Moreover, as the union noted, the list of specific services not being performed was “merely illustrative of the obvious” rather than exhaustive. As the union argued, “5,000 managers cannot perform, and cannot be performing, the full complement of operations and maintenance work that is routinely performed on a day-to-day basis by 8,500 field personnel who possess the requisite skills, training and experience to do that work.”8

The PSC directed the company to answer the union’s motion. The company sought dismissal, advancing three principle supporting arguments. First, ConEd contended that during the lockout customers were receiving the “same … service” that they were receiving prior to the lockout.9 Second, ConEd claimed that the lockout was in furtherance of public safety, arguing that it “had no reasonable alternative but to institute a lockout to avoid the extreme adverse consequences to customers and the general public of a strike without notice.”10 ConEd claimed that it could not properly operate its systems without 72 hours’ advance notice of a strike.11 Third, ConEd argued that the PSC was preempted by federal labor law and that “the lockout action … can only be reviewed by the NLRB.”12

ConEd’s own pleading revealed that customers were not receiving the same quality and level of service during the lockout as had been the case before its initiation. The company itself identified a substantial number of routine but important utility operations that had been suspended during the lockout, including all planned capital and project work for its transmission and substation operations, gas operation main replacement and system reinforcement, and lower priority gas leak repairs. The company admitted to operating only one stray voltage inspection vehicle, instead of the typical 10 to 14.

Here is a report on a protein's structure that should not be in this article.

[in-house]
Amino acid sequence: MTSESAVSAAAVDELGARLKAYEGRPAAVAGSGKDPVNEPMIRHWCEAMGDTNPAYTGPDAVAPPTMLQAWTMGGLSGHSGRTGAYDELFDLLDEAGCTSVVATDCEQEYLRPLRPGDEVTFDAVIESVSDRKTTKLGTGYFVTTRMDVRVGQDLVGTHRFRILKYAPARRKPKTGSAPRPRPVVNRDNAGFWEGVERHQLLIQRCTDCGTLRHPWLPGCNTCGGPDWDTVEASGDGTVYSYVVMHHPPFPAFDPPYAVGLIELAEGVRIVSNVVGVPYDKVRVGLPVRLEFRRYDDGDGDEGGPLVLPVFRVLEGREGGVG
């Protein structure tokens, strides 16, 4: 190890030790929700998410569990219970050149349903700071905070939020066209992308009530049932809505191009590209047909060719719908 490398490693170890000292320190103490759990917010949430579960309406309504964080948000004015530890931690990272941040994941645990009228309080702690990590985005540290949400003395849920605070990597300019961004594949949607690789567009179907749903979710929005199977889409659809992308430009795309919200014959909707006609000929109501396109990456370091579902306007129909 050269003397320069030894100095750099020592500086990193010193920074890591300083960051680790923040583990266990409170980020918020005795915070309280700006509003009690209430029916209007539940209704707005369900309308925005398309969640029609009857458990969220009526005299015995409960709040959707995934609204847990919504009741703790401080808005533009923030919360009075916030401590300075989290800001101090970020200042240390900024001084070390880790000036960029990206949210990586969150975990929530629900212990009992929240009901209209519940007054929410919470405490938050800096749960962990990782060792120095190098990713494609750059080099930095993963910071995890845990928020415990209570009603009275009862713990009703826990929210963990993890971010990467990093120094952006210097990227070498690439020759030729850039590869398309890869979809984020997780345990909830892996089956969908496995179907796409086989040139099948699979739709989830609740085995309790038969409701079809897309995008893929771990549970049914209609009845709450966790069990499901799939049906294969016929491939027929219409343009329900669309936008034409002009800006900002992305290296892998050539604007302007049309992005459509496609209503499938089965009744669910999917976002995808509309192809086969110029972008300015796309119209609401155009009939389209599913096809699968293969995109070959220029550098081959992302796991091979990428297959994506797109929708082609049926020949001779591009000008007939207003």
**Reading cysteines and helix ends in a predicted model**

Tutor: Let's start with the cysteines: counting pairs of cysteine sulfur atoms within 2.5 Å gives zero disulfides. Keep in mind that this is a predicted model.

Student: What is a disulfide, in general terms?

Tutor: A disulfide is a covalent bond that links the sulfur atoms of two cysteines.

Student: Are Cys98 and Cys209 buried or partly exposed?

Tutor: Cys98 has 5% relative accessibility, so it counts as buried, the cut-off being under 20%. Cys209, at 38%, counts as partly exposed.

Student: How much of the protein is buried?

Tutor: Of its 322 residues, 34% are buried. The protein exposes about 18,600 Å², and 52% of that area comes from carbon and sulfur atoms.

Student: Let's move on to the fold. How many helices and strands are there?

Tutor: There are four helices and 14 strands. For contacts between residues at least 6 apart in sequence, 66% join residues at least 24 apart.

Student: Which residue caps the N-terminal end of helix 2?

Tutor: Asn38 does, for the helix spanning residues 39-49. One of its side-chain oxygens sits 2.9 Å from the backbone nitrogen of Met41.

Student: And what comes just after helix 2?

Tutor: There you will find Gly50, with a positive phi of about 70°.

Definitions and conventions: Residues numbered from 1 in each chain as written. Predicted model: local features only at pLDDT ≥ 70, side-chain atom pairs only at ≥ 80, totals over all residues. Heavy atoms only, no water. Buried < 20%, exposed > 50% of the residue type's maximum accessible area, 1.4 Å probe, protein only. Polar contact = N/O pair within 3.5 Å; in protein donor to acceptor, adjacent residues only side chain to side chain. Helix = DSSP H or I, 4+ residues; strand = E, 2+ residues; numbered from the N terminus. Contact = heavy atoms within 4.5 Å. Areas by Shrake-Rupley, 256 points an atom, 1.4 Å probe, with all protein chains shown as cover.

In its reply, the union identified additional shortcomings. Among other things, the union asserted that routine manhole inspections (and the electronic documentation of these procedures) to ensure the structural integrity of the manhole, prompt necessary repairs, and protect against stray voltage were not performed. Cable was pulled across the ground prior to being placed in conduit, which can result in damage and tears and ultimately cable failure, stray voltage, fires and explosions. In suspending meter reading, the company also suspended the associated hot socket inspections, which are performed to prevent meter fires and thus building fires. In at least some circumstances, managers or contract workers performing work on elevated structures had dispensed with safety tethers in gross violation of company safety standards. During the lockout, ConEd implemented voltage reductions in Manhattan, the Bronx and elsewhere, and used mobile generators—a disaster response measure—to provide service in Bensonhurst. ConEd claimed that these measures were not necessitated by the lockout.